The embassy also houses the residence of Ambassador Sven Roed Nielsen. Before moving to the new location, the embassy rented rooms in the building of the Estonian Foreign Ministry.


Mercury blesses a new Tallinn hotel

The Baltic Times, TALLINN
Jan 14, 1999
By Kairi Kurm

The doors of the new Grand Hotel Mercure Tallinn will swing open Jan. 28 to welcome its first guests.

The four star hotel, from which guests can see the tall towers of Old Tallinn, will be managed by France’s Accor company.

Accor oversees more than 2,500 hotels worldwide and this experience will help Mercure Tallinn to compete successfully with other city hotels.

“Our biggest competitors Olympia, Palace and Park Consul are very nice hotels, but we are trying to do a little better,” said Jean-Philippe Savoye, general manager of Accor’s Central and East European region.

The Accor network owns hotels in all geographical regions of the world and is also planning to establish a permanent presence in the Baltics.

“This is our first step in the Baltics, but we are planning to open a hotel in Vilnius, Kaliningrad and two in Riga,” said Savoye.

The competing hotels said they welcome the birth of a new hotel, as it makes them try harder to improve quality.

” It makes our life more interesting,” said Ene Truusa from Central.

Michael Stenner, general manager at Park Consul, agreed. “Mercure hotel is a nice place. It is good to have more international competitors in Estonia as it upgrades service. It is a very good challenge for the existing hotels,” he said.

He also noted that Mercure Tallinn could have been a five star hotel if the requirements of the Estonian Tourist Board weren’t so tough.

The new hotel named after Mercury, the Roman god of trade, was acquired by Irnesse Kapital last year and refurbished in eight months. The floor space of Mercure Tallinn was increased from 5,000 square meters to 11,500.

The 250 million kroon ($18.7 million) reconstruction was financed by Uhispank (60 percent), Luxembourg bank (25 percent) and Irnesse Kapital (15 percent). The owners believe all the outlay will be recouped in eight years.

Alain Miquel, director general of Mercure Tallinn, said the hotel hopes to achieve an occupancy rate of 50-55 percent in the first year of operation.

The hotel has 164 rooms with 328 beds on four floors. According to Ene Truusa, the sales manager at Central hotel, Mercure is the fourth largest hotel in Estonia in the number of rooms.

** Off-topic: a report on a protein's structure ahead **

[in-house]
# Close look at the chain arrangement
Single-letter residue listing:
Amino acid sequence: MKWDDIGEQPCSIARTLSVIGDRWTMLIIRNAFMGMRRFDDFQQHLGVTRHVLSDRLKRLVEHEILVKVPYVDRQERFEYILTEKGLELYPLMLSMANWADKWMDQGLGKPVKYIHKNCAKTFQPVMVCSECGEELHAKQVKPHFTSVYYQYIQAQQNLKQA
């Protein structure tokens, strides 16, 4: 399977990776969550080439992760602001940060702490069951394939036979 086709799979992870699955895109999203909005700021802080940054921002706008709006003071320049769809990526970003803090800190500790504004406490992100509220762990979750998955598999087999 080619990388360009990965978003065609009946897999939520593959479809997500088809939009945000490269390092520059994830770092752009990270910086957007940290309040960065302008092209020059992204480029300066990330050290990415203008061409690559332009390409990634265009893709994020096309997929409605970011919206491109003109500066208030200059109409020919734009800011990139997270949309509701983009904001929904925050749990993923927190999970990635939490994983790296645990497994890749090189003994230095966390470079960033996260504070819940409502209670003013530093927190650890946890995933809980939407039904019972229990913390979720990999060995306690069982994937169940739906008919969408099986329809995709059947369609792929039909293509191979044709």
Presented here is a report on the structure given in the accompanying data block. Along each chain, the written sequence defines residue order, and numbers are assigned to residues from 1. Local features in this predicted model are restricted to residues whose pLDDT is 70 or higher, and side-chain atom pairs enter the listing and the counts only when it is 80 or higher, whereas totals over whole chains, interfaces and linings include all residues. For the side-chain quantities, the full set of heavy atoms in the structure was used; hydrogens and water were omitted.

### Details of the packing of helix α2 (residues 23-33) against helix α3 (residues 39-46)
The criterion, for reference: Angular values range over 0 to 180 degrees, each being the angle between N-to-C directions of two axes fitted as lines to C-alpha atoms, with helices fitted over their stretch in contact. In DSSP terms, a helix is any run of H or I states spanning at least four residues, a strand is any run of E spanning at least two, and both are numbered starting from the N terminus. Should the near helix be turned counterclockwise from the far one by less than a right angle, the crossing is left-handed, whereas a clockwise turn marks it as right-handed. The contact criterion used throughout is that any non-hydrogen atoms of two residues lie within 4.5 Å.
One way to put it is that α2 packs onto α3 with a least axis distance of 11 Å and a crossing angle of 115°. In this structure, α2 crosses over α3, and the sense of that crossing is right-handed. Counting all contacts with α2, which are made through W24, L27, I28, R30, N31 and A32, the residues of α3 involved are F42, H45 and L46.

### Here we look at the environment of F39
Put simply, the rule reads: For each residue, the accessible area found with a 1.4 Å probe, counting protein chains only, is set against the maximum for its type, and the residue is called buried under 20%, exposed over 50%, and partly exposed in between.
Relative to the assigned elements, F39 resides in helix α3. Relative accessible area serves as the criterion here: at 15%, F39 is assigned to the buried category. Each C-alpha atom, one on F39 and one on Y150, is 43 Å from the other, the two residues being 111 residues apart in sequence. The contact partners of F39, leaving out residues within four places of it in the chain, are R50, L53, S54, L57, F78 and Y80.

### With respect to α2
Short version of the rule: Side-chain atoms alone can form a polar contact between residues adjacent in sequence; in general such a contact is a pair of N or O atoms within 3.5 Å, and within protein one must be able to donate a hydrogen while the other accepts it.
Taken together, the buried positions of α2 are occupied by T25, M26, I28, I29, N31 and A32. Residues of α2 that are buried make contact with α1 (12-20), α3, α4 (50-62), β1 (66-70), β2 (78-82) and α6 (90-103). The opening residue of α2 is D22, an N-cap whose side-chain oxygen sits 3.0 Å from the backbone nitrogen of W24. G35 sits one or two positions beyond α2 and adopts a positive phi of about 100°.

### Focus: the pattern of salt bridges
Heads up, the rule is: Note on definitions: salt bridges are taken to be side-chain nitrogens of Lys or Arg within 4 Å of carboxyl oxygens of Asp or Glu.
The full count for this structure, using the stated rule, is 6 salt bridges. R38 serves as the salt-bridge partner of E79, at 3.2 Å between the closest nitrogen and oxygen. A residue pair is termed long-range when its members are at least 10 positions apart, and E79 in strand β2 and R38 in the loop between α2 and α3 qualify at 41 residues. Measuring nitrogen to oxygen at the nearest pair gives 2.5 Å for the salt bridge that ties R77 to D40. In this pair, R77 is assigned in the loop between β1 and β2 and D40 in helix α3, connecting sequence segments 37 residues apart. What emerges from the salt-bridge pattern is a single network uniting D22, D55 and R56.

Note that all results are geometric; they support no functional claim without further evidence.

There are two bars, two French brasserie style restaurants, a pastry and a coffee shop, saunas, a fitness center, beauty salons and conference and entertainment facilities at the hotel. Accor’s and Volkswagen’s joint venture Europcar, Europe’s second largest car rental company, will also open its office in the same building. Six hundred square meters of the building are rented out to different offices.

The price of accommodation varies from 1300 kroons in a Standard class single room to 6200 kroons per night in the presidential suite. The price includes breakfast, morning sauna and fitness centre and are higher from April to September and on working days.

The hotel sees the business person as its main customer, but Stenner also believes that fewer businessmen visited the country during the last two years and the number of tourists is increasing instead.


Hansapank storms into Lithuania

The Baltic Times, TALLINN
Jan 14, 1999
By Kairi Kurm

After taking over Latvia, Hansapank is moving into Lithuania and is planning to start banking activities there next month.

It has already obtained permission from the Bank of Lithuania to open a Vilnius office and hopes to get the nod from the Bank of Estonia within the first quarter of 1999.

According to Agu Lauri, head of the foreign division at Hansapank, 33 million litas ($ 8.25 million), which the bank plans to invest in Lithuania initially, is enough to meet the requirements set for credit institutions in Lithuania.

Lithuanian laws require that foreign banks launching their operations on the Lithuanian market must have a share capital of at least 23 million litas ($ 5.75 million).

Hansapank has been working on the project of opening its activities in Lithuania for years, and after Swedbank’s investment this became possible.

Swedbank saw Hansapank as a starting point in the Baltics, when it bought half of Hansapank’s share capital last autumn. “Swedbank’s investment in Hansapank has certainly influenced our expansion plans. We kept our capital in reserves but now we have enough free capital,” said Lauri.

According to Lauri there are several foreign banks in Lithuania and most of those bank’s share capital belongs to foreigners. The local banks are mostly state owned.

Lauri said he believes that Hansapank’s present clients and companies based on foreign capital would be the bank’s primary clients and the local people would follow.